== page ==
R H Emmers
Cowboys and Indians
They leave us, our lovers, one way or the other. They go to different jobs and new lovers and tenure tracks at universities and high-tech companies and military service and hospitals. Maybe there's a homeless one, as well, selling blood and screaming on street corners, perhaps a crook or two, even a murderer; oh, and some just disappear, their bones shedding flesh until nothing remains.
We were playing cowboys and Indians— one dead already, a neighborhood girl we didn't really know but who came over. Janie was the school marm, Alan a homesteader, me a dead-shot marshal. Alan pretended to die falling from a rock, but it was his collarbone that ended up broken. Later Alan became a minister of the gospel. Blessed be, he told us. We laughed, thinking of that long-ago time he was falling and falling. But he was insistent. Blessed be. Who? Us? I wondered.
When you wander a cemetery, listen while the ghosts tell their stories. They alone never lie. Once upon a time, in the fall, Janie and I lay on a red-checked cloth beside the headstone of an ancestor, gone these many years. There was a picnic hamper with bread and cheese and jam and egg salad and wine. Do you love me? Janie asked. But I did not want to surrender. The sun flickered through the skeletal fingers of the trees. Clouds scudded like fleeing inmates. I nodded and said, Of course. She studied my eyes. Now and forever? she wondered. I sought for an answer.
For a time we lived in an old house on the side of a mountain that leered over a shapeless valley. A path wound down to a stream running through a dark forest which wore many disguises (but never fooled me.) There was one spot beside the stream where the sky appeared; that was Janie's favorite place: fireflies and falling stars. As I sat with her, I tried to decipher what the stream was trying to tell me. Janie was being sickly then, and I would touch her bones and tell her all would be well. Do you think there are some things that can never be healed? she asked me. Was she talking about her illness or something else, I wanted to ask but didn't.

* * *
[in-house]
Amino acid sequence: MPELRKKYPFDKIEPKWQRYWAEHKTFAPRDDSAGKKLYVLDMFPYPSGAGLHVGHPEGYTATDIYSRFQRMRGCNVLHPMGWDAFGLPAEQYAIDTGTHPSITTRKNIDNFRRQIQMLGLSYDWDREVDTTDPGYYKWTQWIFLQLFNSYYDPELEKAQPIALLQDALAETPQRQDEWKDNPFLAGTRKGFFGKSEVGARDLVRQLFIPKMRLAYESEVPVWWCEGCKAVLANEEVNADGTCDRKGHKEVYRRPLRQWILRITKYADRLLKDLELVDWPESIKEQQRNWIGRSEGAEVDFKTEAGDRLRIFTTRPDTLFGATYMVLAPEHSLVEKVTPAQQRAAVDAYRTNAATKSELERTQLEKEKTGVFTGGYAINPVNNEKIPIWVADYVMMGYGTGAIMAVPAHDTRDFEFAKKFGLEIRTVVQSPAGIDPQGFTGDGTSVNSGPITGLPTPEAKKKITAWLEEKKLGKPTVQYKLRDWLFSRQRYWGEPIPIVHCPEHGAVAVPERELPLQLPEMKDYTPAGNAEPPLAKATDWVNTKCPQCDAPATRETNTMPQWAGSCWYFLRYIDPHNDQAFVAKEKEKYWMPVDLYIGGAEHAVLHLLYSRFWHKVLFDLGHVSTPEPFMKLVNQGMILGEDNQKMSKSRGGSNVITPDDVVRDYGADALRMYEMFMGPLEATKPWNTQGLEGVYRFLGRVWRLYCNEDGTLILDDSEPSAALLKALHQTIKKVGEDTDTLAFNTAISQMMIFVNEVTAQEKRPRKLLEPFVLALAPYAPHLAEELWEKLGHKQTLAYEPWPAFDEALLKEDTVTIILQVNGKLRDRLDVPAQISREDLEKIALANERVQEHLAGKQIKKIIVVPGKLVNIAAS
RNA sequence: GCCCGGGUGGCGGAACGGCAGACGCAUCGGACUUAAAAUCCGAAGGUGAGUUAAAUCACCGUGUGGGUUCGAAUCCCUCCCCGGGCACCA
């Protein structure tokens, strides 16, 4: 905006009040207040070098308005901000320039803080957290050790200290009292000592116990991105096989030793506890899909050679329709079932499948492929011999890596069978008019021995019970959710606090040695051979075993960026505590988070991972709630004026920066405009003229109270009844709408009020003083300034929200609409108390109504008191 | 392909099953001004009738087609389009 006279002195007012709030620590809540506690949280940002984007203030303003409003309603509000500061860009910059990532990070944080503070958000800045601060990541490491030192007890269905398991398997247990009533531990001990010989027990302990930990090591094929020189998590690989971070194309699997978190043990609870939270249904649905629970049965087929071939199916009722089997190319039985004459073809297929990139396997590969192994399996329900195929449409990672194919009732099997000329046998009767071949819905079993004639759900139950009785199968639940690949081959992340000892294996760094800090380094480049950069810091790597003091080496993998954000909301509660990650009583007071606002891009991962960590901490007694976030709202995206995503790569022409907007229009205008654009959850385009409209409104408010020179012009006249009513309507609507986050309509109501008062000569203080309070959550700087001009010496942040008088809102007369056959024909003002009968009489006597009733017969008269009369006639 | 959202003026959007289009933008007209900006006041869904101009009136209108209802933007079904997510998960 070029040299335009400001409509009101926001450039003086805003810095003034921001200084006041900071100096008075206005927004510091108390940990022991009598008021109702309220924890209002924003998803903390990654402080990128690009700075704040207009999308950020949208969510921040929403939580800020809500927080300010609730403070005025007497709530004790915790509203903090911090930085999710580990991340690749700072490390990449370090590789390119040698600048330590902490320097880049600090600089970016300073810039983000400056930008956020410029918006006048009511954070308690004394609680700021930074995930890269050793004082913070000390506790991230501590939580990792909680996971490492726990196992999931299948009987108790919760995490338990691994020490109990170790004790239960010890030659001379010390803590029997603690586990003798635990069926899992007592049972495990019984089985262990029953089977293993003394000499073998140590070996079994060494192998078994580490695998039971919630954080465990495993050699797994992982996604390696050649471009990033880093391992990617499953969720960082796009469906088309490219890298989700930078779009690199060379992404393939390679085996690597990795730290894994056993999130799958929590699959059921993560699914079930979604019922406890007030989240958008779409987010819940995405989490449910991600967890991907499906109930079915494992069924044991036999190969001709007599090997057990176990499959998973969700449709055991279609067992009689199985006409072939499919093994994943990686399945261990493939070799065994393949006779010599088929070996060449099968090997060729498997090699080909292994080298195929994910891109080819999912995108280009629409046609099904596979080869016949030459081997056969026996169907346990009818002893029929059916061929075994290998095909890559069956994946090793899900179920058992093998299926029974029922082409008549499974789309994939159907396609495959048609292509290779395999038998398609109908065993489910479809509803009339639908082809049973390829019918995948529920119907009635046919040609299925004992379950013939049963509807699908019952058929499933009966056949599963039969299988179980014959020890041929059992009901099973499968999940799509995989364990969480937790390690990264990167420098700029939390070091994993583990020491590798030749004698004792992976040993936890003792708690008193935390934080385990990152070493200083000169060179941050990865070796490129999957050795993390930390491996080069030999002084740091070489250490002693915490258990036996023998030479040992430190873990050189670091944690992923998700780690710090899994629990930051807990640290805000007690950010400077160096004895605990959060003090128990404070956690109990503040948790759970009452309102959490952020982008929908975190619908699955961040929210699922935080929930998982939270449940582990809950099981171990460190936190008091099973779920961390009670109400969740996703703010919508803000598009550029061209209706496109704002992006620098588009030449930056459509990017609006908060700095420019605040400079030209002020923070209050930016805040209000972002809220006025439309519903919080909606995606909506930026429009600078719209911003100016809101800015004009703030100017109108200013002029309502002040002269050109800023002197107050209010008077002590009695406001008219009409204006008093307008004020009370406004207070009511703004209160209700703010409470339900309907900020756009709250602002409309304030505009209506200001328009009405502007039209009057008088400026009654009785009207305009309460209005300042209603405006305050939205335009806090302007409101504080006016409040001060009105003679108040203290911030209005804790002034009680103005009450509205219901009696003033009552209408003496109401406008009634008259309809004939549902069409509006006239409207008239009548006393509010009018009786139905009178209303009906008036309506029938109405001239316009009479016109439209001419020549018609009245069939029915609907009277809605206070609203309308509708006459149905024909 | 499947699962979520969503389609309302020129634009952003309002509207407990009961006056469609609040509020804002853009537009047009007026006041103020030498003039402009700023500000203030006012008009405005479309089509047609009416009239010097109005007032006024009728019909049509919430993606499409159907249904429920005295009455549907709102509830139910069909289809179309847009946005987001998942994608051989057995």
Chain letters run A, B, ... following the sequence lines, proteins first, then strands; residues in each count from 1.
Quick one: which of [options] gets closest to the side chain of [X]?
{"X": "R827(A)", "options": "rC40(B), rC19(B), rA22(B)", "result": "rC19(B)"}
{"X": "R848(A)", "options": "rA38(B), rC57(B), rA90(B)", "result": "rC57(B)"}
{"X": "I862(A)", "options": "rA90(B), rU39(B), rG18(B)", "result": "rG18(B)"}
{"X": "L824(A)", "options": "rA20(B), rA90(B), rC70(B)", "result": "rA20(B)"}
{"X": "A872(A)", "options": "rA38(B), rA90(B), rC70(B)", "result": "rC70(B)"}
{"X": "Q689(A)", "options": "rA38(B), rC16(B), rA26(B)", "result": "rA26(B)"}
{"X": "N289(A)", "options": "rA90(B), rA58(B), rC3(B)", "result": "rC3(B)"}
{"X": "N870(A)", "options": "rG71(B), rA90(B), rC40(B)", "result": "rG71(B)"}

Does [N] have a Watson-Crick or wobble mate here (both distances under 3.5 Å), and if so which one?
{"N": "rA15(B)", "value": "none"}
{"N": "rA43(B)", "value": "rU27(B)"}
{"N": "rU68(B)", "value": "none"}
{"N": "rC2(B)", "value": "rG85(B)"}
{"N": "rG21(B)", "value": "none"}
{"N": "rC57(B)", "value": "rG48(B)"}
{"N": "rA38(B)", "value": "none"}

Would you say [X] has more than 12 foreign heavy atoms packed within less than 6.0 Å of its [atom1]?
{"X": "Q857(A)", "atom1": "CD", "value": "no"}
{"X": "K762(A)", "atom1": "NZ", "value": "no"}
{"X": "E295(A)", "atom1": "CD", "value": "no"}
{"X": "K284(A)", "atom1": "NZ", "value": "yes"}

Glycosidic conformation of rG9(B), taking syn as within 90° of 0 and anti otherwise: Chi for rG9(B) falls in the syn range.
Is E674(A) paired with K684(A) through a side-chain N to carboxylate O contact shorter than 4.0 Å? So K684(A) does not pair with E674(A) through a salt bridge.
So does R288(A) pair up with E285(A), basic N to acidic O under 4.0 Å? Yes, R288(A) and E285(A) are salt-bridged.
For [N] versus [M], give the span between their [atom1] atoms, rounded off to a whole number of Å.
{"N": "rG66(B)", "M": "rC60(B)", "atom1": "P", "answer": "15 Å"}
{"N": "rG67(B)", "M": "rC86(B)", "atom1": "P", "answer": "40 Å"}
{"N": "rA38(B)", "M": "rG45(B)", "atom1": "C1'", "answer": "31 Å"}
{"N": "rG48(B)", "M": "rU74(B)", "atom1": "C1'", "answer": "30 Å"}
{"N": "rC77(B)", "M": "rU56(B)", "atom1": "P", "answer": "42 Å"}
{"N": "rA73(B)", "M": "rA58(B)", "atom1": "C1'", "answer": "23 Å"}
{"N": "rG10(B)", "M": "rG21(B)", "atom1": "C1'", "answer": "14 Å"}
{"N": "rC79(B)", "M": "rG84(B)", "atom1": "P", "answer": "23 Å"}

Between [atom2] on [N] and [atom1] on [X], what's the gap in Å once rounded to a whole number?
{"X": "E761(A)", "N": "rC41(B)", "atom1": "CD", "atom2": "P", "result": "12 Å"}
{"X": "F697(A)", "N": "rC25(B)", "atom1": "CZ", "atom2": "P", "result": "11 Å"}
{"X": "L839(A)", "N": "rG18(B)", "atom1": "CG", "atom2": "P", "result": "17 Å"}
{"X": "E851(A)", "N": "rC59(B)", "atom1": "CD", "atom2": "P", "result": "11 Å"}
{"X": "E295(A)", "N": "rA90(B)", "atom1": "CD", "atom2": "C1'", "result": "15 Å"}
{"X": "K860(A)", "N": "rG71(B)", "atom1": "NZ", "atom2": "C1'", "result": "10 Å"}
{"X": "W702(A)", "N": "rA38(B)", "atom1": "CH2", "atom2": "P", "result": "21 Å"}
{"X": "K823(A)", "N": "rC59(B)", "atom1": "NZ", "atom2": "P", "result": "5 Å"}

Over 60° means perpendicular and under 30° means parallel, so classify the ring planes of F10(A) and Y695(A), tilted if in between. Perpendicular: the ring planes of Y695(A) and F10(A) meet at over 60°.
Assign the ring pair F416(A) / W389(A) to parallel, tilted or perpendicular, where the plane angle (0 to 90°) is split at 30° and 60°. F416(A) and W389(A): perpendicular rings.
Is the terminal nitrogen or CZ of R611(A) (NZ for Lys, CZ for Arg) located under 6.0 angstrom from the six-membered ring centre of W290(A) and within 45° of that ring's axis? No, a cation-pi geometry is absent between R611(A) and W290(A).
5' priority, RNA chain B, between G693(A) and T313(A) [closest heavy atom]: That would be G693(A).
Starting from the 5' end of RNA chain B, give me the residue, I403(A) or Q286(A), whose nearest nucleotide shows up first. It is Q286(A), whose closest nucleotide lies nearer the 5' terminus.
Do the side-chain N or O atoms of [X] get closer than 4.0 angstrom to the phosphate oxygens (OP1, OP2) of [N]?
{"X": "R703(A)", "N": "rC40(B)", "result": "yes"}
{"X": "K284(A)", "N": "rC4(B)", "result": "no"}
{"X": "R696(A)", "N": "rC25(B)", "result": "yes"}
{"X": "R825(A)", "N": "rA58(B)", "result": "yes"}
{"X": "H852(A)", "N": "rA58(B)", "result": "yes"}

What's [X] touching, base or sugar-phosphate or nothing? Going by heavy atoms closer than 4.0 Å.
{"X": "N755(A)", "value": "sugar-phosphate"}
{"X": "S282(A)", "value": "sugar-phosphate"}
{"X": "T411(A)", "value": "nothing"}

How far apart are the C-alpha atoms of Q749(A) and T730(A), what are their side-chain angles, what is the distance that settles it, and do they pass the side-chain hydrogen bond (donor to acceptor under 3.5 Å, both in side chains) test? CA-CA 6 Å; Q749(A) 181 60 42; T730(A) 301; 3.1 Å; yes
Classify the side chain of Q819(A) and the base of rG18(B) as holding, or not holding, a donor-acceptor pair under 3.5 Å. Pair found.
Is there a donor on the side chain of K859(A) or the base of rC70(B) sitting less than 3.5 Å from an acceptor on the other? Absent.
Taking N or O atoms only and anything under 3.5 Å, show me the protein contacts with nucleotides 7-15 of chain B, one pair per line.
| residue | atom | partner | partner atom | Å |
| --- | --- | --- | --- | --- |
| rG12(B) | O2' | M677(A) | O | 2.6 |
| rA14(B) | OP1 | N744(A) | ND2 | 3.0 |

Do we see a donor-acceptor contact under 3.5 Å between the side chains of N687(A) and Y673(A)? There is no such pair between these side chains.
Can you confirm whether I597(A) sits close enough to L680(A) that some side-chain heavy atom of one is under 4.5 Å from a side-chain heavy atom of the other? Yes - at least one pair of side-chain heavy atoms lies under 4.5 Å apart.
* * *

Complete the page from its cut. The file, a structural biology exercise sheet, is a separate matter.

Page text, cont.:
That old house, like something ancient excavated from the sand, or maybe an old photo creased and brown at the edges. (At the time I hadn't yet lost the one of me somber in my Roy Rogers shirt, Janie with a bonnet studying me.) The way the house groaned, whimpering like an old man being summoned for his unknown journey. It made me uncomfortable. One time I even called up Alan, a minister by this time, and asked him the question everyone wants an answer to. What do you want me to say? he told me. We'll all know soon enough. Well, even ministers can have bad days, I suppose.
I remember a cemetery we visited above the fishing village on that last vacation we took. Janie and I watched an old man and an old woman placing flowers. The old man stood and looked out across the boiling ocean and the reckless black sky and said to his companion, Let's get going, if we drive fast we can beat the storm. They went over to their car. And that's how, we learned later, that for a half an hour more they lived on before they too became ghosts. I wondered about the results of Janie's latest tests but couldn't bear to ask.
Janie always liked for me to read stories to her. Pioneers braving the prairies. Ship captains in a storm. Ghosts who appear to their loved ones. No more stories, Janie said to me. I can't bear any more stories that begin and end. But, but, I said. I reached over from the bedside chair and held her as if I were the hammock her bones needed. Janie sighed and looked up at me. Her eyes slowly became a different color.